Inmarsat wins satellite spat

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Eutelsat and Viasat have lost a legal decision at the EU’s Court of Justice over a claim that London-based Inmarsat should not have been granted authorisation to key S-band satellite frequencies for in-flight connectivity over France in particular.

French frequency regulator ARCEP (Autorité de régulation des communications électroniques et des Postes) had authorised Inmarsat’s important European Aviation Network (created with Deutsche Telekom) which comprised satellite frequencies and corresponding ground-based connectivity back in 2018.

This decision was challenged by Eutelsat and Viasat and the basis of their claim was that Inmarsat was using satellite spectrum but the ground component was closer to that of conventional cellular network distribution.

April 15th saw a decision from the Court of Justice which ruled that such mobile satellite service (MSS) transmissions do not have to be – in themselves – wholly based on the satellite element of the overall system.

“The relevant provisions of the MSS decision do not define, in terms of capacity of transmitted data, the relationship between the satellite component of a mobile satellite system, on the one hand, and the ground component of that system, on the other,” the court determined.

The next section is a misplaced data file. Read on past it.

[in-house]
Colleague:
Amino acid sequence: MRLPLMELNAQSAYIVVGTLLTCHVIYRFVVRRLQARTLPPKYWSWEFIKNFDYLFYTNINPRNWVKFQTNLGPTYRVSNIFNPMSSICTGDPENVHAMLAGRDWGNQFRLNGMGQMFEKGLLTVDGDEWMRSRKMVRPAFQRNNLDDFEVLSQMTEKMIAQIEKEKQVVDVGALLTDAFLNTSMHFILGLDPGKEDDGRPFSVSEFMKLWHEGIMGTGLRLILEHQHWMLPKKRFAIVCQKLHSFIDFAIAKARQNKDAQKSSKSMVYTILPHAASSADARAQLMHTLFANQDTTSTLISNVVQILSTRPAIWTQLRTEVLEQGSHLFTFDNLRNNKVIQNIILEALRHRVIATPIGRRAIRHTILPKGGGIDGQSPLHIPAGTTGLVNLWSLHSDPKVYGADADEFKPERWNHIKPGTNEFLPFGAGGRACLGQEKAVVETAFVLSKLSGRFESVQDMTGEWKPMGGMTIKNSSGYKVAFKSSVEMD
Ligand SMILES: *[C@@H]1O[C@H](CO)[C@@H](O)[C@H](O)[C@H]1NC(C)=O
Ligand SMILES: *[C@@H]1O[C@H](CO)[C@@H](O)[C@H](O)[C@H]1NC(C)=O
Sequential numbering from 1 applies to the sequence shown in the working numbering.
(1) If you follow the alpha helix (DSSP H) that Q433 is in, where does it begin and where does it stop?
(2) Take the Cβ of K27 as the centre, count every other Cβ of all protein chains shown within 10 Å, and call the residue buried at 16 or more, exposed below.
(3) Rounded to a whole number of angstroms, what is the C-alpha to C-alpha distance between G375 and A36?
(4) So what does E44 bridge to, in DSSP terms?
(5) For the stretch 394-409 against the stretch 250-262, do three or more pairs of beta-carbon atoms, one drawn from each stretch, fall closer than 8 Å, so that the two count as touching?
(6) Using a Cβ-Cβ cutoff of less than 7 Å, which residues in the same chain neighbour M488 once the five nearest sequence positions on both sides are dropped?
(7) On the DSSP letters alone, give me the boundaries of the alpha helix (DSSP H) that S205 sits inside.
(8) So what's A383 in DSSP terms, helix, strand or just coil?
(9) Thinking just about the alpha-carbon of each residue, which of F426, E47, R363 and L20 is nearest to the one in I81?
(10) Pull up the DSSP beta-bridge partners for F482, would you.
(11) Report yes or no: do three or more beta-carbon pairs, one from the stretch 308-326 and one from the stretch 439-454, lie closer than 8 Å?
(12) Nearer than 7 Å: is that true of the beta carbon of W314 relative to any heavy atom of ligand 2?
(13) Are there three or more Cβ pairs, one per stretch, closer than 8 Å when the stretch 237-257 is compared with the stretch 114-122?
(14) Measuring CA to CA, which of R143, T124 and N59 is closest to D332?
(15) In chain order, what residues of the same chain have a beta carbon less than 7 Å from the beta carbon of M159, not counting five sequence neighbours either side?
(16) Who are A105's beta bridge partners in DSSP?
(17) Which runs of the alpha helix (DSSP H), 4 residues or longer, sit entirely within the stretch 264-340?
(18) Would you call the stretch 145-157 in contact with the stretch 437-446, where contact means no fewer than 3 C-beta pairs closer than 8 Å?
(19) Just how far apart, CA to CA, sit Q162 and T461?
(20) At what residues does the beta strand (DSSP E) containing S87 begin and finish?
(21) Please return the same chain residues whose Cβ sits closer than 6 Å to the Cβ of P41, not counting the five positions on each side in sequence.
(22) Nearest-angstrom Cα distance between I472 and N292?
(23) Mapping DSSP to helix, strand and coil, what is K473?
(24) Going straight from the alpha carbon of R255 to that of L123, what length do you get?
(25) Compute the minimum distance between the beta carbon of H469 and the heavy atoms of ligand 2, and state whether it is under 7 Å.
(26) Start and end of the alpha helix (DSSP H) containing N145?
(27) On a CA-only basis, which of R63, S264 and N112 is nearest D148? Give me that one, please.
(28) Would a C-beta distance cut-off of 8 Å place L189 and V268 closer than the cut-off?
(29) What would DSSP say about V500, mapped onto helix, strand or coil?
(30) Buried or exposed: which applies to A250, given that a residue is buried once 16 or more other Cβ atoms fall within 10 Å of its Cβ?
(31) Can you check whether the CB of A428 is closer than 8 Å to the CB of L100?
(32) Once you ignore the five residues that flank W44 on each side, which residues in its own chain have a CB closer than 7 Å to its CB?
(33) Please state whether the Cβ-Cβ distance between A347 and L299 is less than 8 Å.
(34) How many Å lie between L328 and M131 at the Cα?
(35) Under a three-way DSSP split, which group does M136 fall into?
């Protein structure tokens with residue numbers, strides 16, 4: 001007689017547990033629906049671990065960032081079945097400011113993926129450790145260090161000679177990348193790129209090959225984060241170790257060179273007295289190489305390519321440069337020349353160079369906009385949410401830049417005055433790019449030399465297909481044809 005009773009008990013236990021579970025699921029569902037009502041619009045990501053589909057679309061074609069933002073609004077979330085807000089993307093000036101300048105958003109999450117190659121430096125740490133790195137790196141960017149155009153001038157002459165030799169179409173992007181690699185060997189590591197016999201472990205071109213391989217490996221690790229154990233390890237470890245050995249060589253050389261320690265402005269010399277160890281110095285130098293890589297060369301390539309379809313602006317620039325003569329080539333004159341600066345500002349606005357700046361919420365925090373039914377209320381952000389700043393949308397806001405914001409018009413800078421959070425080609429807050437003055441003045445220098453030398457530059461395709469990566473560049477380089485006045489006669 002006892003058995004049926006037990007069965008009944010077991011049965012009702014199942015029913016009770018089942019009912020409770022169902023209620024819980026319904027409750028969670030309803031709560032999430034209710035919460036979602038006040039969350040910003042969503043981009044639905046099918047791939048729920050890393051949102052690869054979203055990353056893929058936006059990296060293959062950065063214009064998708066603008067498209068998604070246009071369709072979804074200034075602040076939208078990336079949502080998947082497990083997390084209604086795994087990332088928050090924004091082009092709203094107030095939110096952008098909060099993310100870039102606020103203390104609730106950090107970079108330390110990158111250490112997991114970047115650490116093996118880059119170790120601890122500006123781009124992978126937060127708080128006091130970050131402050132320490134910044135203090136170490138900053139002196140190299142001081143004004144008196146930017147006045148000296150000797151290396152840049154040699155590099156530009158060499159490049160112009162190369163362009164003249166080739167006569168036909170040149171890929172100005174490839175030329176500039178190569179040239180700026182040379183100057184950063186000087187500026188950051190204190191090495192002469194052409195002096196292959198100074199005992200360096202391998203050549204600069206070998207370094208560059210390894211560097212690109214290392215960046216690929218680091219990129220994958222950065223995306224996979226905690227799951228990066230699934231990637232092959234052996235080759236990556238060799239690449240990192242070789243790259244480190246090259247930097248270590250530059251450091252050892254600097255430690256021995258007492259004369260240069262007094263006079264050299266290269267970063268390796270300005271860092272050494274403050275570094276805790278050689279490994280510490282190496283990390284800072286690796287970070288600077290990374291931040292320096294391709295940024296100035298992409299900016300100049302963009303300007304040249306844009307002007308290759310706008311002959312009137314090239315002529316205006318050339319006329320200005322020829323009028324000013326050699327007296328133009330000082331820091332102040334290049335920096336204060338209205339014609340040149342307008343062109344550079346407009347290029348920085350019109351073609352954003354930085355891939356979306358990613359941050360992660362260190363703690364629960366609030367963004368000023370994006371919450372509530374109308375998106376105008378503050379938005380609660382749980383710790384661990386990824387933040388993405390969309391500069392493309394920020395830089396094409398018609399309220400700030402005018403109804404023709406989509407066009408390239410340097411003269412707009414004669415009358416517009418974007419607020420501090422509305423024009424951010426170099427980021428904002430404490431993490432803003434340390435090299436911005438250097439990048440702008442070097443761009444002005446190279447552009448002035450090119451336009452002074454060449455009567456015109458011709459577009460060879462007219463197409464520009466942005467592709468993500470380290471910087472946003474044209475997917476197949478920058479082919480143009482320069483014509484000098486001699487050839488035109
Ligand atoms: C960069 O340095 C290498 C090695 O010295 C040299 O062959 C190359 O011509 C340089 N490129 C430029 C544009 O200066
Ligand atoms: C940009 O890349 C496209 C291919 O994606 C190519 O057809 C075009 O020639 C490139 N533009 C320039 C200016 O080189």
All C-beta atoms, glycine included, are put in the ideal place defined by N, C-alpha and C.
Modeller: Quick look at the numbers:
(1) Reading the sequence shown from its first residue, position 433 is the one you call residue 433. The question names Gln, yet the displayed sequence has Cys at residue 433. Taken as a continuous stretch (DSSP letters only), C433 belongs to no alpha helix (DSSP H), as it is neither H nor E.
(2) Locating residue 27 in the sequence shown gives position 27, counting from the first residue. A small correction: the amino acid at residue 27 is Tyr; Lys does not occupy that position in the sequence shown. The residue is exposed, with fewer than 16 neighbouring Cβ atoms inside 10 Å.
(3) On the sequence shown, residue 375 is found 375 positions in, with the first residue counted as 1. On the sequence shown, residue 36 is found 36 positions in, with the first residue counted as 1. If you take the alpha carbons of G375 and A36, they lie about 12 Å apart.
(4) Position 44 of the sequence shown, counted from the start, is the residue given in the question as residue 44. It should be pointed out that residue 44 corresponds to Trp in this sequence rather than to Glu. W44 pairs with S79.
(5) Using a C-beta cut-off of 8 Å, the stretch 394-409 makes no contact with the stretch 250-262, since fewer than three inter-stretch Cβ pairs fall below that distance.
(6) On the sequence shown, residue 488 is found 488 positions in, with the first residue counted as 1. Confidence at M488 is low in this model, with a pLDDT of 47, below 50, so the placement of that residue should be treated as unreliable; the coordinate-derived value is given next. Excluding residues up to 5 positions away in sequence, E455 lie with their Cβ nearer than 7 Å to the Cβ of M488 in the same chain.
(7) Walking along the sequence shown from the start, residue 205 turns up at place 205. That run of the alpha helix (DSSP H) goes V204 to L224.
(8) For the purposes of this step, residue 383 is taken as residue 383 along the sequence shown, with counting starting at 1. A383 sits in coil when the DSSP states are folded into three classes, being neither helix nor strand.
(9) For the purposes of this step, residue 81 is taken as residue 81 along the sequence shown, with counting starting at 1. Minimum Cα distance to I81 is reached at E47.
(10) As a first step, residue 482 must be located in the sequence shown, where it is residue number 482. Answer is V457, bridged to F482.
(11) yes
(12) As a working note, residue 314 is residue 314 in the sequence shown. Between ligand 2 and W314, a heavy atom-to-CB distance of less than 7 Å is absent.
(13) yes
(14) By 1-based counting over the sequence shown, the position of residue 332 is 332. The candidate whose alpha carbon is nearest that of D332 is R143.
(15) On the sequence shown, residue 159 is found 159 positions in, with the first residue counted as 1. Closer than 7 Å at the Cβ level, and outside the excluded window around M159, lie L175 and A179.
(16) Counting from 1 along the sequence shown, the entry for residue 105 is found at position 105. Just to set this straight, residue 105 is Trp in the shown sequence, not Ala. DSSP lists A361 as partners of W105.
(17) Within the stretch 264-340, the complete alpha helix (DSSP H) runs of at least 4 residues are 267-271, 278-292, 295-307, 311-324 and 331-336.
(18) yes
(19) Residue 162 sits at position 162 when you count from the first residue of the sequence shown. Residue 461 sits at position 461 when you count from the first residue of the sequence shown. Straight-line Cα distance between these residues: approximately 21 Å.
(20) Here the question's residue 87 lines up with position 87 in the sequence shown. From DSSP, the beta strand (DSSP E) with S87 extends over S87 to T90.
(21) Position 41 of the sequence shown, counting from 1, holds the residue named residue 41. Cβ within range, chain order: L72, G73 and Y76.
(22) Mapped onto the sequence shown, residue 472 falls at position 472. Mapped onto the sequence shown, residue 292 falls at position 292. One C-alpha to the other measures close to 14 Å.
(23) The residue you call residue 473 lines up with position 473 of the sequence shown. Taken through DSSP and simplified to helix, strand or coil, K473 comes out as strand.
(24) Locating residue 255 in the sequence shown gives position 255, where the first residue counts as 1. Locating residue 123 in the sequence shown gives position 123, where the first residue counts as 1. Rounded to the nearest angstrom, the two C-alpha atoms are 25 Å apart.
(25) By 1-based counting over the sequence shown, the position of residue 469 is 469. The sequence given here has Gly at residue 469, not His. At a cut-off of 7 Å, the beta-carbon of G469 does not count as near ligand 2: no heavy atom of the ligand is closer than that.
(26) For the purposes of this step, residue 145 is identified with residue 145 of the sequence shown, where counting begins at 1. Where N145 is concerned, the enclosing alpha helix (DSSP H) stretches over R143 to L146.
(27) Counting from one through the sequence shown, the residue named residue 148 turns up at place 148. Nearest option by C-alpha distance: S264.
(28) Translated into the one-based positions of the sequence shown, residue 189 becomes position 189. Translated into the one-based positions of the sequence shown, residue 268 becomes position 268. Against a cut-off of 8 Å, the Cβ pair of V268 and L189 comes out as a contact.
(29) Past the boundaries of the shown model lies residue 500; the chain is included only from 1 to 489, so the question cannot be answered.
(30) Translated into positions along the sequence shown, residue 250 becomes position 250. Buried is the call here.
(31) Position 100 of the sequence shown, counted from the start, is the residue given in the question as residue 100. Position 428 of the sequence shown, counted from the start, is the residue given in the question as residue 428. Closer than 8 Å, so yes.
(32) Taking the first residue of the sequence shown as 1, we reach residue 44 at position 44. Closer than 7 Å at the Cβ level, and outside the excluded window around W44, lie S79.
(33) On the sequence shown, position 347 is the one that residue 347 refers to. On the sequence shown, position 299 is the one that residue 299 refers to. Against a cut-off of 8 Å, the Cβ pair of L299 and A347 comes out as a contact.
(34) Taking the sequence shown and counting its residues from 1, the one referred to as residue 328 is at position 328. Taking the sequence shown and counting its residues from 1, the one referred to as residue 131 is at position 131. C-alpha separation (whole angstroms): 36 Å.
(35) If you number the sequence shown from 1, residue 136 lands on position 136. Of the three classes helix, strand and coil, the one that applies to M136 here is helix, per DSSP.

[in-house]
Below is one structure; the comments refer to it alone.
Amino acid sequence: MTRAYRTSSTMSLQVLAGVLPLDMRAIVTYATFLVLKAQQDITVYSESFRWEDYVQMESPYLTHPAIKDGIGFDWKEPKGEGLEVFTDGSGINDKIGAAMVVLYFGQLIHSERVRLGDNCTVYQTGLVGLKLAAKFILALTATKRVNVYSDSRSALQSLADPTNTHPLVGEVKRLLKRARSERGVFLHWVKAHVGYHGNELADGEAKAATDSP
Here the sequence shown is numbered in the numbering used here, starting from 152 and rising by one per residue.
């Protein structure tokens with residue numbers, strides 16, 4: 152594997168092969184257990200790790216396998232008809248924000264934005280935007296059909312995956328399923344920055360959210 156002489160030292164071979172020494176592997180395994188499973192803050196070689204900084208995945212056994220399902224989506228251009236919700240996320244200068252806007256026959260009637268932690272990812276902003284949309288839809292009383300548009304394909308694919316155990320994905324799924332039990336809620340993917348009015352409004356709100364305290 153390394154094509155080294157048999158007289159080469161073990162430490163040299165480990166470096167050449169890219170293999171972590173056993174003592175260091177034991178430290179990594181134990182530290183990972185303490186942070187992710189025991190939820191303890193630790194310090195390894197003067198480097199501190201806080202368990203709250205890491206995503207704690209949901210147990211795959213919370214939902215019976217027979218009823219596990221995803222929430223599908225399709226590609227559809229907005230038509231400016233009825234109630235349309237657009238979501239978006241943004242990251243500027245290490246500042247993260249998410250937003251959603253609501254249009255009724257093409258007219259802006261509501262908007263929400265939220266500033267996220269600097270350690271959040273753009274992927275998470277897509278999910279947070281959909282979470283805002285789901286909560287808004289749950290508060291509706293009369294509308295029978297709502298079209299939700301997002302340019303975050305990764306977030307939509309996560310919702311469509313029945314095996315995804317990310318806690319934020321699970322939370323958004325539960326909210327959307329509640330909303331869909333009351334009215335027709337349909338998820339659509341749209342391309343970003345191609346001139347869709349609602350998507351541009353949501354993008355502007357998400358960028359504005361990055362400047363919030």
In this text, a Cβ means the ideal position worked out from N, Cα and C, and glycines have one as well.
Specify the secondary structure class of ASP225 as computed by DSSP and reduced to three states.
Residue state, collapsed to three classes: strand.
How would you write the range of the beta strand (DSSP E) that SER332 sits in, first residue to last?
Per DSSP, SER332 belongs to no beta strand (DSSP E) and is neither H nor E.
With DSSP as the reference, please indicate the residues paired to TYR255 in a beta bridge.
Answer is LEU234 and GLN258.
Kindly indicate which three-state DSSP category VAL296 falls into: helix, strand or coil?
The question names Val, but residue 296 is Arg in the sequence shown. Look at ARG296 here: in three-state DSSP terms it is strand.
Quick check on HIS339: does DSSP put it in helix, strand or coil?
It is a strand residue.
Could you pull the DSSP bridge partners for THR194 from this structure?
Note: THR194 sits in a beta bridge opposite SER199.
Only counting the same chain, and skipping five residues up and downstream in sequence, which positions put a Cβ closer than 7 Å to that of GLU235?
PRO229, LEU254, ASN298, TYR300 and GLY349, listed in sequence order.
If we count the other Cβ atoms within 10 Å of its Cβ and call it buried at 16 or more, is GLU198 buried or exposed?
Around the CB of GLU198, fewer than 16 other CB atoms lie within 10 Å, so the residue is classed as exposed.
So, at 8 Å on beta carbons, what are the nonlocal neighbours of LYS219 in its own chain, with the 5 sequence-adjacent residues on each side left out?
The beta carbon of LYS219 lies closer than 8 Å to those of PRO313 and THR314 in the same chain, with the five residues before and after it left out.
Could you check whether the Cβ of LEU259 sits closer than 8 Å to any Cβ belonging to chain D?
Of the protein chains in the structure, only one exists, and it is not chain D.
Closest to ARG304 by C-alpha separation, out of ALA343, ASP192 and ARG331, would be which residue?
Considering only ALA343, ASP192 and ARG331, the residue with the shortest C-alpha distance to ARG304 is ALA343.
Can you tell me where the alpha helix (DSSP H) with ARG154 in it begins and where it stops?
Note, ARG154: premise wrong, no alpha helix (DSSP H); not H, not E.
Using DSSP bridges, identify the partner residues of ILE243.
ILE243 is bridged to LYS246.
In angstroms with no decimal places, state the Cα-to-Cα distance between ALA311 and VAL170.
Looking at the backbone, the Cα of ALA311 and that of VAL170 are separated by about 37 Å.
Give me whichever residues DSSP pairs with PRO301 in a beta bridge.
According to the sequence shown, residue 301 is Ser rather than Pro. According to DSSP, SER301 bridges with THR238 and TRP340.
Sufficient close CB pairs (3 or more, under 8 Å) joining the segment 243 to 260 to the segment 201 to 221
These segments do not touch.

Inmarsat, in its statement, welcomed the decision, saying: “Inmarsat welcomes the ruling of the European Court of Justice rejecting our competitors’ arguments aimed at limiting the operation of the European Aviation Network,” Inmarsat general counsel Brad Swann said. “EAN is an asset for Europe as a whole and it is proving very popular with passengers and airlines. Inmarsat looks forward to continuing to provide the rapidly growing number of EAN users with a world-leading in-flight connectivity experience.”

The ruling also means that additional airlines might well now install Inmarsat’s EAN kit, knowing that it is now ‘legal’. British Airways, Vueling and Iberia are already using the EAN/S-band equipment.

However, Viasat said that would continue to challenge the ARCEP core decision and the court’s ruling. Moreover, this particular ruling applies only to the French permissions. There are other cases pending in Belgium, Italy, Germany and Spain.


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